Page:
ISLAMABAD: With the country facing a drought-like situation, the top jurist in the country has declared the water is now as precious a commodity as gold and cannot be had for free as he sought a report on fixing prices for water used by factories and method for payment.
These directions were issued as a three-member bench of the Supreme Court, led by Chief Justice of Pakistan Mian Saqib Nisar, heard the suo moto case of the Katas Raj Temple’s pond drying up.
During Friday’s hearing, Justice Nisar asked whether an alternative system had been put in place for cement factories, set up in the vicinity of the historic temple, to get water and whether compensation rates for exploiting groundwater had been determined.
The Punjab local government secretary told the court that they had finalised a formula on determining the price of water, tying it to per cubic feet of use. The official further said that they had settled on rates with two of the companies operating in the region.
At this, the chief justice expressed his displeasure that why rates had not been settled with other companies. He directed that homework for the rates should be finalised by Friday night.
He further directed to determine the situation at all cement factories operating in the province.
Expressing concerns over the environmental impact of cement factories, the chief justice directed environmental officials to visit and inspect all cement factories in the province.
“This work cannot be completed while sitting in offices,” he thundered.
He further remarked that cement factories operating in the Chakwal area were a source of pollution. However, a representative of the environmental protection agency told the court that cement factories in the region have been inspected and that smoke emitting from these factories were within the set environmental parameters.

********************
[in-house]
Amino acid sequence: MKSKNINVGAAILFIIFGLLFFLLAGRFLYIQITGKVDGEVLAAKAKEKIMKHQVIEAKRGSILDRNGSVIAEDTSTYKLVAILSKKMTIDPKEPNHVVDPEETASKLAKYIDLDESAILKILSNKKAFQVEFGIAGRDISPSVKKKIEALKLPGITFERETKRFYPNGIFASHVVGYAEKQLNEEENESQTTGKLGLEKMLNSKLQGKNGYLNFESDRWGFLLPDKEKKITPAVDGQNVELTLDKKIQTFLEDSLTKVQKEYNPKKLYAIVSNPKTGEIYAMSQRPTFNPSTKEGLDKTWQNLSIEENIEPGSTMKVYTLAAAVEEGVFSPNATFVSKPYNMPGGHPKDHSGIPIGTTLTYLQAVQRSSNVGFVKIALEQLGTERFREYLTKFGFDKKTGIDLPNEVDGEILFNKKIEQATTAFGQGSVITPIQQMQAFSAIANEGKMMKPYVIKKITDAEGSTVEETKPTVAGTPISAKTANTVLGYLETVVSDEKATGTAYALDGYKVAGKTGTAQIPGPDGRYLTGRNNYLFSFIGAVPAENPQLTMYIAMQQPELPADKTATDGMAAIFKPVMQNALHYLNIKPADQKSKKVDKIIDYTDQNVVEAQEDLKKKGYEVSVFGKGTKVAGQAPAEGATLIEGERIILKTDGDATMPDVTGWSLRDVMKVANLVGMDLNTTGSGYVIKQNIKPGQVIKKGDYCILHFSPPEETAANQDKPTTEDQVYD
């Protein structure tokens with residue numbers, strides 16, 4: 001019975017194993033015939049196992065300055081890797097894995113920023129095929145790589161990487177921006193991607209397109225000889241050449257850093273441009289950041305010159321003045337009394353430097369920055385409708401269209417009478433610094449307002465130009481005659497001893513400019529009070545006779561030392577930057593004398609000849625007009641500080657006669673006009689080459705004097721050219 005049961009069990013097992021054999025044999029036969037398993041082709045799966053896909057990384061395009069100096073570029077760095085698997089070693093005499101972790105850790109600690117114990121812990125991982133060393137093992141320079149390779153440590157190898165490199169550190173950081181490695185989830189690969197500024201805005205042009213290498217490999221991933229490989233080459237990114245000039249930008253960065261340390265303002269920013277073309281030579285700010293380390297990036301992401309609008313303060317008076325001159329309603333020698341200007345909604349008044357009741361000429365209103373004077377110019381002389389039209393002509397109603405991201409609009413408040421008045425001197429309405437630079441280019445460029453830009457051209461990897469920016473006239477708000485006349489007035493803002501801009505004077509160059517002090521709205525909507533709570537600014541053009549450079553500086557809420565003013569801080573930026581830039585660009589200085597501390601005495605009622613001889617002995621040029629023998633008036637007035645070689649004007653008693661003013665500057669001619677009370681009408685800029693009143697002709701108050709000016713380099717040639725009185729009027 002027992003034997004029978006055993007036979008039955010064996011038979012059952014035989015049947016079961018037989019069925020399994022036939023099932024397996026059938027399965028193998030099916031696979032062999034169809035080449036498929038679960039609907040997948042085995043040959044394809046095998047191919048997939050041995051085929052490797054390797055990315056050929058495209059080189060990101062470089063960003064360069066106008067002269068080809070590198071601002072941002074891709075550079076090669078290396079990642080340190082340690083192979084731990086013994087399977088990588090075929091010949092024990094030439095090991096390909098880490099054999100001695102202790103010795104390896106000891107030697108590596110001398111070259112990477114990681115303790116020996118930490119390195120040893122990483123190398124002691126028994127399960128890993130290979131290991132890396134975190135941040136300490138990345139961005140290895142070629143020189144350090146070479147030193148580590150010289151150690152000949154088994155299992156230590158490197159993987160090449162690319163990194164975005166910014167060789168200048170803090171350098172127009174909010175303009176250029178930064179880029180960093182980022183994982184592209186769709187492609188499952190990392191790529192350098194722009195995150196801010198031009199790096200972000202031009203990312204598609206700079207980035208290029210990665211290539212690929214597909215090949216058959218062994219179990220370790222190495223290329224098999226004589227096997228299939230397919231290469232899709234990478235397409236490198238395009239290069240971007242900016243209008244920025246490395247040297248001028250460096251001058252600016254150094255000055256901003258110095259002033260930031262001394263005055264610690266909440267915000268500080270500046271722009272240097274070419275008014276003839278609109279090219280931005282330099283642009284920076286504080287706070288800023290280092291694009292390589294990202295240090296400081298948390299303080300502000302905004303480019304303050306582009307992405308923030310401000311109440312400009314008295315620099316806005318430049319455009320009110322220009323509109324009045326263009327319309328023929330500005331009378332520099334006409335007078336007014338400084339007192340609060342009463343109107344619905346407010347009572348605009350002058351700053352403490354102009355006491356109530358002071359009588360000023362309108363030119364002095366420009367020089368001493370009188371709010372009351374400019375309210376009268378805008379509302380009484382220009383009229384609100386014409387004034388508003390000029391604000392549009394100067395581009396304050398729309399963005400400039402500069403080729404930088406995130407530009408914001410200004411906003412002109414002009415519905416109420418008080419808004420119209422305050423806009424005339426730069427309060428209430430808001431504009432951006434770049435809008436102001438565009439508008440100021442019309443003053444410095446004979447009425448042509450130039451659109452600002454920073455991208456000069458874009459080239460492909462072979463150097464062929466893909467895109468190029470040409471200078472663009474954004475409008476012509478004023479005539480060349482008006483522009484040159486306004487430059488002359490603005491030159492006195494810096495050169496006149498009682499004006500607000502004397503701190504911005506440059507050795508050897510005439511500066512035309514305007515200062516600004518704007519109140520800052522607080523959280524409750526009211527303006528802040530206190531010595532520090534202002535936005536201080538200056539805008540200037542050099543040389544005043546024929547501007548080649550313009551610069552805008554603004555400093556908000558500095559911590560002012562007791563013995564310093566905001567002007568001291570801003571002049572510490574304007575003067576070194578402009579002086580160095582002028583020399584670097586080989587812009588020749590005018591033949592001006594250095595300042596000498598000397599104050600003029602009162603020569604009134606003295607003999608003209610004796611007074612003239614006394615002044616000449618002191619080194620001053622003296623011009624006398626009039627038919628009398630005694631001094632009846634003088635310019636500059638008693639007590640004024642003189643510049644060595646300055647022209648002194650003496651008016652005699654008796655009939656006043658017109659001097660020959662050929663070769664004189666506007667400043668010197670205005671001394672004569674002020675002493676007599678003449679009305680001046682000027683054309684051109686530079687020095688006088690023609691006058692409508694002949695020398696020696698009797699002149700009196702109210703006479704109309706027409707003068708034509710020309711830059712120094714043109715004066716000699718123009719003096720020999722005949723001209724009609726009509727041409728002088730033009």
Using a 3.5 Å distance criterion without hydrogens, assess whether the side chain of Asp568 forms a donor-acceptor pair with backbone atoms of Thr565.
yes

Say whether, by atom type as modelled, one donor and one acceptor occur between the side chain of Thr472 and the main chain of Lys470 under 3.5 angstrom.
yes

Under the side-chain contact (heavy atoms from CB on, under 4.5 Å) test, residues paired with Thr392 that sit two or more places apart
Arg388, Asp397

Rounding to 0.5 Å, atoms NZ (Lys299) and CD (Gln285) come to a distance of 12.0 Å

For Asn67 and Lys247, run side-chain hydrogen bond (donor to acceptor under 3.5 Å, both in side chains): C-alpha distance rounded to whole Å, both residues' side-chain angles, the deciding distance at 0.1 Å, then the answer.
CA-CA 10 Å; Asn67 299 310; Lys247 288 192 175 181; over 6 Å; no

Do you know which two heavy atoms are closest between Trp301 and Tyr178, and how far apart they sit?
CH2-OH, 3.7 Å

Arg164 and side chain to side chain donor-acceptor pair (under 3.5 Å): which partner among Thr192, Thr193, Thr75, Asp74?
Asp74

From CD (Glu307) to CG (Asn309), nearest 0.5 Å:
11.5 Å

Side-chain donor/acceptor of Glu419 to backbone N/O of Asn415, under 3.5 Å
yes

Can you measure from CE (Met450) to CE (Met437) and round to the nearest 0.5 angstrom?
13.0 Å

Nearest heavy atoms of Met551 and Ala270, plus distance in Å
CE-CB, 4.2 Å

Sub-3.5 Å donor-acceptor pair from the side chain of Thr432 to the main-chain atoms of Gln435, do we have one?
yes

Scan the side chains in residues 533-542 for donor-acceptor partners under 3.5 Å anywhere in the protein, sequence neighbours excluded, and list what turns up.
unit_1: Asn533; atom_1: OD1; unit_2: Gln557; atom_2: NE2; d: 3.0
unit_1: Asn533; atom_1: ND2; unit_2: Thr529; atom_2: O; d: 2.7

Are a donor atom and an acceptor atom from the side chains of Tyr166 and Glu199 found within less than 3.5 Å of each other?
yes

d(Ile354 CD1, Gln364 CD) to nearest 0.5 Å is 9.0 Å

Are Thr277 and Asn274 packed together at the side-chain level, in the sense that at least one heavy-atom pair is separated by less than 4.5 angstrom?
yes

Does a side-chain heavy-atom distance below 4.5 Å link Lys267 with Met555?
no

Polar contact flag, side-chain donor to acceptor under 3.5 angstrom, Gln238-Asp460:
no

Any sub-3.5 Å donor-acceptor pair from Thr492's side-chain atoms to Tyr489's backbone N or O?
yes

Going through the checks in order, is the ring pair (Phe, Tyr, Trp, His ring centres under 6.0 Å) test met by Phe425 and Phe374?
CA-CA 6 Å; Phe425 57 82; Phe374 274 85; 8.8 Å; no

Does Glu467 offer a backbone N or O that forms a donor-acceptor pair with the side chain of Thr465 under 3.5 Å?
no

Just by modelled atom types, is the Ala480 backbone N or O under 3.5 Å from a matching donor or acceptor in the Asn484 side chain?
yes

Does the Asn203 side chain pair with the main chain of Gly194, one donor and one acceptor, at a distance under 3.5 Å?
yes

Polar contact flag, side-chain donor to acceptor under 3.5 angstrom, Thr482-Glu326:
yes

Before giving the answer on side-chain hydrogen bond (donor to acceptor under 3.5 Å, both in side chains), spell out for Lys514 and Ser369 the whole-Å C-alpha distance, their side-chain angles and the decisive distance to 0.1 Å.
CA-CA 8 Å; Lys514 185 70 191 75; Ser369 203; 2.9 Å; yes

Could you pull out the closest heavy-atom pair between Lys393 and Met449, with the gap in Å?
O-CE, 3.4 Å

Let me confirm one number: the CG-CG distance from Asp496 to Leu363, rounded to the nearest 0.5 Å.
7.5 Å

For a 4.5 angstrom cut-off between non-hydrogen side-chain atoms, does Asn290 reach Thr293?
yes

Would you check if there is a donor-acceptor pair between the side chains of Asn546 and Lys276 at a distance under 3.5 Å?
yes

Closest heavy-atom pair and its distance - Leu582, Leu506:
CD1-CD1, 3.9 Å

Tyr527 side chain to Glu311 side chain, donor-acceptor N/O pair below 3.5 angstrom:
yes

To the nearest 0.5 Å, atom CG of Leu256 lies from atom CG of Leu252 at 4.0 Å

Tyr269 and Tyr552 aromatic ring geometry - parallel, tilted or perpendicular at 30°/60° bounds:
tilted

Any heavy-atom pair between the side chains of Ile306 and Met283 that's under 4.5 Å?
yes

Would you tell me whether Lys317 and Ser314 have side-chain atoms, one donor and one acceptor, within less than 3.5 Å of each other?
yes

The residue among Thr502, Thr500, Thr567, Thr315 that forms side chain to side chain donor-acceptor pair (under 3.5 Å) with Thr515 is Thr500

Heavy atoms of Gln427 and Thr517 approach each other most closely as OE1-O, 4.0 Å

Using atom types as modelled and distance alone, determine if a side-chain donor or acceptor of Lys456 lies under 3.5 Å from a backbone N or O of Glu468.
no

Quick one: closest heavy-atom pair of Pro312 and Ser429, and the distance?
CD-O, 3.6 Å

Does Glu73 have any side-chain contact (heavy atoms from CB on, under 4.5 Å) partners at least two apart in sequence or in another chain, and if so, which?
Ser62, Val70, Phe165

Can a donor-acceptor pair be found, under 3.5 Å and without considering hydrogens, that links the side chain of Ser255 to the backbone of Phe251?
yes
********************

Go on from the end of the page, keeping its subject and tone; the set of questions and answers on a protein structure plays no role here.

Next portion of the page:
Chief Justice Nisar directed that all other cement factories should be inspected as well and sought a list of all cement factories operating around the country.
While issuing a notice to cement factories in the country, the court observed that those factory owners who do not cooperate will face action from the court.
The court further said that measures adopted by one cement factory to reduce emissions must be adopted by all the cement factories.
During the hearing, the Punjab environment secretary told the court that two cement factories had been set up in 2004 though there was no apparent need for them.
At this, the chief justice remarked that the federal investigation agency should be tasked with inquiring into the matter.
However, the Punjab additional advocate general adopted the view that the Punjab anti-corruption bureau could also conduct the inquiry.
Chief Justice Nisar, thus, directed the Punjab anti-corruption bureau to probe whether standards were observed in setting up the factories. The body was further asked to probe the role of environmental and industrial departments and to affix responsibility.
The Punjab environment secretary was directed to visit and inspect all cement factories in the province.
Published in The Express Tribune, September 15th, 2018.